are not reflected on this plan. He stated the plan at this point would be to review what is
      being proposed. He stated if this is in order, it will be forwarded to the next Planning
      Commission for their review and consideration and then brought forward to the City
      Council with what the staff would consider a final draft for review and adoption by the

      Councilmember Sawyer stated he should be all warm and fuzzy with this, but coming
      from Ward II where everything has been removed, it does not seem to him that the City is
      sharing the wealth. He stated there is one particular project which he thinks they really
      need to reconsider, as the City keeps improving all the waterways up above it, but keeps
      putting off improving anything east of Nieman Road. He stated they all know that there
      are some concerns about whether it can handle the water down through there.

      City Engineer Wesselschmidt noted that project is the one referred to as the Shawnee
      Downtown Partnership project.

      Councilmember Sawyer stated it keeps getting moved back and brings him concern. He
      stated he obviously has concerns with everything taken off of Ward II, which is very
      heavy and he does not see anything left and is here to fight for his ward. He stated
      Councilmember Goode will be here to fight as well at the next Council meeting. He
      stated it is his personal opinion that the City needs to do more improvements on where

      the water comes down into this area on east, up by the St. Joseph School just west of
      Flint. He stated they have done more improvements up further north that drains that
      way, but the City keeps putting off this project.

      Councilmember Sawyer stated he is one person who would like to see this project happen
      before it HAS to happen, because there is an issue. He knows everyone on staff will tell
      him that it has been studied and the City does not need it, but he is not sure he fully

      City Engineer Wesselschmidt stated it is certainly a project that requires the City to do a
      fair amount of maintenance, as far as the trees and debris. He stated that particular
      project to this point and how it has been looked at, has not been able to qualify for SMAC
      funding. Certainly, if it could qualify for SMAC funding, that would help.

      Councilmember Sawyer asked City Engineer Wesselschmidt what has to happen, before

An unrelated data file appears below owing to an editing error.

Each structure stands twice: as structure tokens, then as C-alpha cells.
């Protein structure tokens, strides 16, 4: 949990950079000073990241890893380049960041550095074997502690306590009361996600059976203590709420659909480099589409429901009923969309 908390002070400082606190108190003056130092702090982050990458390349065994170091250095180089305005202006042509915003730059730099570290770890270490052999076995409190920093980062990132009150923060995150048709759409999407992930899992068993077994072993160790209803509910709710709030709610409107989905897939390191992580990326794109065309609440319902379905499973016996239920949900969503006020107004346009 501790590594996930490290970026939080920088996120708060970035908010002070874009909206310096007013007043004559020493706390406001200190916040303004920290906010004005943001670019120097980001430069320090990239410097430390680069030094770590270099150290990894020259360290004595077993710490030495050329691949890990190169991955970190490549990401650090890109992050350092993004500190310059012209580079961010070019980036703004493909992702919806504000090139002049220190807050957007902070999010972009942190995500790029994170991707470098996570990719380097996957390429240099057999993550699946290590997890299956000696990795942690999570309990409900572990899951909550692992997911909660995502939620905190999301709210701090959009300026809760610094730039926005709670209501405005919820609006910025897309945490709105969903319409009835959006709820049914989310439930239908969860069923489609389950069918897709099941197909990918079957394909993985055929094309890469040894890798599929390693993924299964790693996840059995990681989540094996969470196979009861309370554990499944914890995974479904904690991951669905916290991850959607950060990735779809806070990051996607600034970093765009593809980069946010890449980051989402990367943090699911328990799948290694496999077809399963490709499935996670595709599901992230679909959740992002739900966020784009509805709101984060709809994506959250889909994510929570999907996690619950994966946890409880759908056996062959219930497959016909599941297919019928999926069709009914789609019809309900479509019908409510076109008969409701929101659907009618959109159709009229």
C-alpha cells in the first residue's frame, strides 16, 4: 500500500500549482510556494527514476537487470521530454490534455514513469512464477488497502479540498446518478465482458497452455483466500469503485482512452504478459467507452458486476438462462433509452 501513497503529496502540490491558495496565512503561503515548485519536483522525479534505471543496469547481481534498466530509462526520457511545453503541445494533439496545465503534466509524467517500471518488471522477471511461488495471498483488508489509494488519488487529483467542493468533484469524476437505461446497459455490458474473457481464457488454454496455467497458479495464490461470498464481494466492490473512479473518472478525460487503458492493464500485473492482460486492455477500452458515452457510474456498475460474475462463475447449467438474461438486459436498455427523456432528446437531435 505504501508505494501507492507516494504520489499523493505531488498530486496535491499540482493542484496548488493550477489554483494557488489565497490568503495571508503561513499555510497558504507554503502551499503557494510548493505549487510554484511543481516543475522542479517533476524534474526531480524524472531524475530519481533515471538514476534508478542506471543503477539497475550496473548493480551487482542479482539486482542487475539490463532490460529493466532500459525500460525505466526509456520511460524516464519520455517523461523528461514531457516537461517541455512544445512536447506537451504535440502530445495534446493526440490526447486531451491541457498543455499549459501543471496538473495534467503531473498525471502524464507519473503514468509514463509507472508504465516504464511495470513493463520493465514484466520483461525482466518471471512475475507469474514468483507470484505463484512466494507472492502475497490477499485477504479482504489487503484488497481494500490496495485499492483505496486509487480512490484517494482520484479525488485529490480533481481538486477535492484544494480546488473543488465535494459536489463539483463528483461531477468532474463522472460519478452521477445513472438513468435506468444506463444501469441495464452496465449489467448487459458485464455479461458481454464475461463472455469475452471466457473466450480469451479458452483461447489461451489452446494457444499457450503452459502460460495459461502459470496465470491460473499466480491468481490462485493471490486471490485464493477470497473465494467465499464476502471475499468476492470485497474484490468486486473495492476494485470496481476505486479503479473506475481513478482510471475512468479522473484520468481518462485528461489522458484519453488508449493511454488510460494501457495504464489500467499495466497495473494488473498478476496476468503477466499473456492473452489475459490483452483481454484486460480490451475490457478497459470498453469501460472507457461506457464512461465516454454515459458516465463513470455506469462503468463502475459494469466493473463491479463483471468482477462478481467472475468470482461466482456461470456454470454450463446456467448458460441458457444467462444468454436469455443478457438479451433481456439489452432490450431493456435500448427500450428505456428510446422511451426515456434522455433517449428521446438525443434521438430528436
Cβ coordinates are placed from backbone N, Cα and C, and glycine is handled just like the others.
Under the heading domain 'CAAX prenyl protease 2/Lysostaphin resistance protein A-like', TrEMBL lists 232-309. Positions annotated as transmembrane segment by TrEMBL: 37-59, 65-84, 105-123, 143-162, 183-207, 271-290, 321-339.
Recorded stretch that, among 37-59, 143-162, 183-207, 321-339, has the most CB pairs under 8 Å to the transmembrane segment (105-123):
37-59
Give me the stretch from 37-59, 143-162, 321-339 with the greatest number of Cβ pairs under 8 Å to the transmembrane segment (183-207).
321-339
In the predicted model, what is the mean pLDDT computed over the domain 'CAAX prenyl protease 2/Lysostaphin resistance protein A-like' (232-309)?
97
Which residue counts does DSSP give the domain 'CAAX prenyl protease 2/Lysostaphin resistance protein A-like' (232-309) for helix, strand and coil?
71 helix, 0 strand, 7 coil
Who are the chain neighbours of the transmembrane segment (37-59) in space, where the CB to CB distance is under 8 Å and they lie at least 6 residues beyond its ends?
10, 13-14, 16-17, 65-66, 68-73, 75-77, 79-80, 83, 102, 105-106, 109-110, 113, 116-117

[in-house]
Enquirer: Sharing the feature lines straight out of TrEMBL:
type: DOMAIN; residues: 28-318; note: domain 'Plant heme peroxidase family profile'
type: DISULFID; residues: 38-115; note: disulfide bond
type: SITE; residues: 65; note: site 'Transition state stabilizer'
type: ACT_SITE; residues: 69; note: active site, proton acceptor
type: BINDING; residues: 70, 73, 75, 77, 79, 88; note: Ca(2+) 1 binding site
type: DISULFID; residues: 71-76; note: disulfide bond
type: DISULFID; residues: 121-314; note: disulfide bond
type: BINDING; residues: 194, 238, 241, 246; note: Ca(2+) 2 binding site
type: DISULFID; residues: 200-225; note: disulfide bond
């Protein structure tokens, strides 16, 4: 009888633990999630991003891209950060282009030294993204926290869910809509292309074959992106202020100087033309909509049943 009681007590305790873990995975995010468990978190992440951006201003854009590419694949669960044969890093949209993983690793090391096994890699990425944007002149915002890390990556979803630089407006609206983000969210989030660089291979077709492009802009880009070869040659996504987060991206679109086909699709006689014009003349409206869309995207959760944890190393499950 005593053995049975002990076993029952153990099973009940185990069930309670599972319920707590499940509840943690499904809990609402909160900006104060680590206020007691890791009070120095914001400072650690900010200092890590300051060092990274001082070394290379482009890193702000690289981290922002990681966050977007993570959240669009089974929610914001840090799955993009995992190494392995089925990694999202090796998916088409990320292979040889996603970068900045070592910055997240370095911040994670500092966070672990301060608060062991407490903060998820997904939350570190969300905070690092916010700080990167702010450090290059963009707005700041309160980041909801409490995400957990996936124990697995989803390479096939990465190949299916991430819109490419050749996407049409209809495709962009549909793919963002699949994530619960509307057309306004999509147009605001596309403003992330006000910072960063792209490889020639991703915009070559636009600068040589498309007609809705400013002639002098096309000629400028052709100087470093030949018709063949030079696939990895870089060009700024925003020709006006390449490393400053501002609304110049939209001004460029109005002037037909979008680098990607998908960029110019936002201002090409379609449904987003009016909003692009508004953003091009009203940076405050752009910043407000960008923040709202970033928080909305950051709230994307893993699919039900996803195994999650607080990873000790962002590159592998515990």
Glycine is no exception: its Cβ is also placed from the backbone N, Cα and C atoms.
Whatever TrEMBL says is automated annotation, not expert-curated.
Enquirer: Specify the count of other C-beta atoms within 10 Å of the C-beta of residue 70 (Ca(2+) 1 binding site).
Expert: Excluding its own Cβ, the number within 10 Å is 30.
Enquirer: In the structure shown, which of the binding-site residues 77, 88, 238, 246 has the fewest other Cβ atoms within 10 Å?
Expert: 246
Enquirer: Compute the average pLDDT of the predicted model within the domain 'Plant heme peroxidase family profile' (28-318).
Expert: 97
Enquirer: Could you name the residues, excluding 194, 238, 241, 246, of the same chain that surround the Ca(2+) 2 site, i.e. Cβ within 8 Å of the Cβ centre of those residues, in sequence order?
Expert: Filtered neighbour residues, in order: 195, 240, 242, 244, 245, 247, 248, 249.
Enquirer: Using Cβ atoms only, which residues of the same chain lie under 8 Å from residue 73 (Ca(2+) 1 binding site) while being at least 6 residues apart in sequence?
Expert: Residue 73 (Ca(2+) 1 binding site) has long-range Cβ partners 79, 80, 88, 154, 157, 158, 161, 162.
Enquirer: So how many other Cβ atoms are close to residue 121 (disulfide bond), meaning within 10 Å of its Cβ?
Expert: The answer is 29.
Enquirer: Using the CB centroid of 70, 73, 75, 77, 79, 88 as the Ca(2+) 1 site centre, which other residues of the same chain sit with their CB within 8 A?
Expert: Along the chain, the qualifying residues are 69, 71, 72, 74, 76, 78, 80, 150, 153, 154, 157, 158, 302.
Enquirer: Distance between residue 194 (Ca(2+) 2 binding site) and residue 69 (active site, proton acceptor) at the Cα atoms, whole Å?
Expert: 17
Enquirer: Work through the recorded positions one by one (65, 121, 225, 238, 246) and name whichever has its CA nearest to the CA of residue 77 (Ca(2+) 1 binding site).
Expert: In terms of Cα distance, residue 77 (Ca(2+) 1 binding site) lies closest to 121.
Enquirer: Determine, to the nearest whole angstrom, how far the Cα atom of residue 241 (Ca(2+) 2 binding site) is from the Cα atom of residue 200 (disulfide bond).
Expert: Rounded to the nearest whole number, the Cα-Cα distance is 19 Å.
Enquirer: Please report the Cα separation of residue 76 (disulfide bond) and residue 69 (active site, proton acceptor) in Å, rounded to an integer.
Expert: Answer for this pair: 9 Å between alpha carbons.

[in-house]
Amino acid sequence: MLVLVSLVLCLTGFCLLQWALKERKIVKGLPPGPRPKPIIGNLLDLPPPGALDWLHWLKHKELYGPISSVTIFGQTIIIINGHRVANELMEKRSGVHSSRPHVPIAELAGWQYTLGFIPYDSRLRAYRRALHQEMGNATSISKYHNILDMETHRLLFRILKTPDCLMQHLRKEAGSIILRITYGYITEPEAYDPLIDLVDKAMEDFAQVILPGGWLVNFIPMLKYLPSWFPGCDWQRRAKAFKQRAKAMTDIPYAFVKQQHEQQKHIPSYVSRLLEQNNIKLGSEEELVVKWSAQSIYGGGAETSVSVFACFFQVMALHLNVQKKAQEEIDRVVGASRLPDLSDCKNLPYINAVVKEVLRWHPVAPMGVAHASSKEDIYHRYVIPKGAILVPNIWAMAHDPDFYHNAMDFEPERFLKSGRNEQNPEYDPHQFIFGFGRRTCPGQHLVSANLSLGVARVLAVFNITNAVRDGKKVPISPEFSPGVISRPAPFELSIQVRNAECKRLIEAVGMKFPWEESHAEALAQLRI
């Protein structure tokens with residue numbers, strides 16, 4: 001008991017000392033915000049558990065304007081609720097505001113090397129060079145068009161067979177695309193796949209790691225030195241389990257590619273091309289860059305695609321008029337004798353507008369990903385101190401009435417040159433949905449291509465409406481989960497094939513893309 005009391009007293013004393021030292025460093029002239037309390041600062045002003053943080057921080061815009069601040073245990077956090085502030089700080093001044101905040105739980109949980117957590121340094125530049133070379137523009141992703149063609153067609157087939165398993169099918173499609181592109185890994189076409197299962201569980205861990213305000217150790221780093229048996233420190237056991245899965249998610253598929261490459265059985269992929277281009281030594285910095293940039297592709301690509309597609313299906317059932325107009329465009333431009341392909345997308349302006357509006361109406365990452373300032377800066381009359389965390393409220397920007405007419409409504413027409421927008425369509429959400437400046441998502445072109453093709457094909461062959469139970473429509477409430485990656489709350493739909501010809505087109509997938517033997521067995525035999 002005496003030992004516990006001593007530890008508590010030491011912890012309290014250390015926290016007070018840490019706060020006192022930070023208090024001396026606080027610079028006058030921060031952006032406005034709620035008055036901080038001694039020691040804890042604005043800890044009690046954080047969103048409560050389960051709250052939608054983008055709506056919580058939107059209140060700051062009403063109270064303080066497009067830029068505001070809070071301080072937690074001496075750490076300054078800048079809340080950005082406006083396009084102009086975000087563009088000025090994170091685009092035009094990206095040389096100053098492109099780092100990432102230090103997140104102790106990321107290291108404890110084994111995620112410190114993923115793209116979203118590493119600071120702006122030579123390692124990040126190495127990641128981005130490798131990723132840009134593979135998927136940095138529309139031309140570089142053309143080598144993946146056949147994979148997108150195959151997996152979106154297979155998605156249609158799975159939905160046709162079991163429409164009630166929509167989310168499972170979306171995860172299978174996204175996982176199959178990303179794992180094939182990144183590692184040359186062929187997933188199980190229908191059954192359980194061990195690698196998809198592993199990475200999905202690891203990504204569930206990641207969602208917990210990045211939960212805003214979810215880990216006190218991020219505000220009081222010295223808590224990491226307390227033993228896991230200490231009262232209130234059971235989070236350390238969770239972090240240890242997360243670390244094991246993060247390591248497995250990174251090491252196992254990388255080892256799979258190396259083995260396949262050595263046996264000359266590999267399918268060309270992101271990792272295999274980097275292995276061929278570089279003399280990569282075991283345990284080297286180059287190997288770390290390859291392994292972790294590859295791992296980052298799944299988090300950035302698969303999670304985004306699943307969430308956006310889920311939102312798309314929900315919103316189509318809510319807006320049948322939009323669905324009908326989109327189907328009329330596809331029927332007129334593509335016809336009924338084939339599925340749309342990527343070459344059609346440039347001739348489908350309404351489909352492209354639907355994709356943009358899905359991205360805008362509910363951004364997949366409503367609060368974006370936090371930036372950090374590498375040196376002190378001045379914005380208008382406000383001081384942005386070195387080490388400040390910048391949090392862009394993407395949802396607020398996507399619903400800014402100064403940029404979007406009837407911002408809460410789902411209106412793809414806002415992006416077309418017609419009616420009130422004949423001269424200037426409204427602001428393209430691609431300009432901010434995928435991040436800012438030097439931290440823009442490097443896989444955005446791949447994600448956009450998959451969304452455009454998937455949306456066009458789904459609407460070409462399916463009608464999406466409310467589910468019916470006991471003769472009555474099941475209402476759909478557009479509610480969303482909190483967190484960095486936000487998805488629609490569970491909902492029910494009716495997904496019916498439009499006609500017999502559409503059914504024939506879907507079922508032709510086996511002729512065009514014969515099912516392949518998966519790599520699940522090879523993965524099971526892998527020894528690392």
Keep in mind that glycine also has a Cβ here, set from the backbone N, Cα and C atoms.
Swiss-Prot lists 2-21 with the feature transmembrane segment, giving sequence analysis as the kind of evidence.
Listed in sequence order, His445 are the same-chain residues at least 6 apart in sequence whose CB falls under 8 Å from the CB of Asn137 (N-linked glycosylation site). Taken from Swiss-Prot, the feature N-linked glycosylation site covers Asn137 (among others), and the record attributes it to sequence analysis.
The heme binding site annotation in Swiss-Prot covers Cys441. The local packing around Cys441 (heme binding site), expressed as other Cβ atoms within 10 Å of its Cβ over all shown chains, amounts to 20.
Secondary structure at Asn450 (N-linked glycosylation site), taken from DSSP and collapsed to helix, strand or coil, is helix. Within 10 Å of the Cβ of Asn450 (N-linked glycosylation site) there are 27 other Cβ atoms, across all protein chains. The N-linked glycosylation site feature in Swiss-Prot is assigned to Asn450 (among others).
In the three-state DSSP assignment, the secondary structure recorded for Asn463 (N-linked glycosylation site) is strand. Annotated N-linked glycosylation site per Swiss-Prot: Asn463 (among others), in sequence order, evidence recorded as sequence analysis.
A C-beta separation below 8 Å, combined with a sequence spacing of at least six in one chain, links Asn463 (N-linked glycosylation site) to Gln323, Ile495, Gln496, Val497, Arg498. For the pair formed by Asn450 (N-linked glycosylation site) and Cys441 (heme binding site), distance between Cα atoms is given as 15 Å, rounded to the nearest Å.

it does qualify for SMAC funding.

      City Engineer Wesselschmidt replied it needs to have more homes flooding, which the
      City certainly does not wish on anyone.

      Councilmember Sawyer stated that is the last thing he wants to see happen.

      City Engineer Wesselschmidt stated what the City could do with that specific project,
      would be to continue to look at it through staff evaluations, talks with property owners,
      and can send out more questionnaires just to see if things have changed in that area. If
      they have, perhaps it would qualify for SMAC funding and would give it a much better
      ranking, when the City can get $3.00 to every one of their dollars for that type of a

      Councilmember Sawyer stated he loves the answer, but is not happy with it – it sounds

      Councilmember Pflumm asked if the distance of City parks between every household is
      still .3 miles.

      City Manager Gonzales stated that is correct.

      Councilmember Pflumm stated the City is looking to keep that as a standard. He stated
      he somewhat got the brunt of not having heaters in restrooms up here in West Flanders
      Park when he was running for election and his question is if the restrooms cost so much,
      why are they putting them in the parks if they are only .3 mile from anyone’s house. He
      stated it is not to say that the closest park to every house is the park that resident will
      frequent, but they could probably ask Police Chief Clark about the bad things happening
      in parks and they probably happen in the restrooms. He stated that is something they
      need to think about before they approve everything on down the road.

      City Engineer Wesselschmidt stated Parks and Recreation Director Holman may be able
      to address this better, but really when a person has to go, they have to go.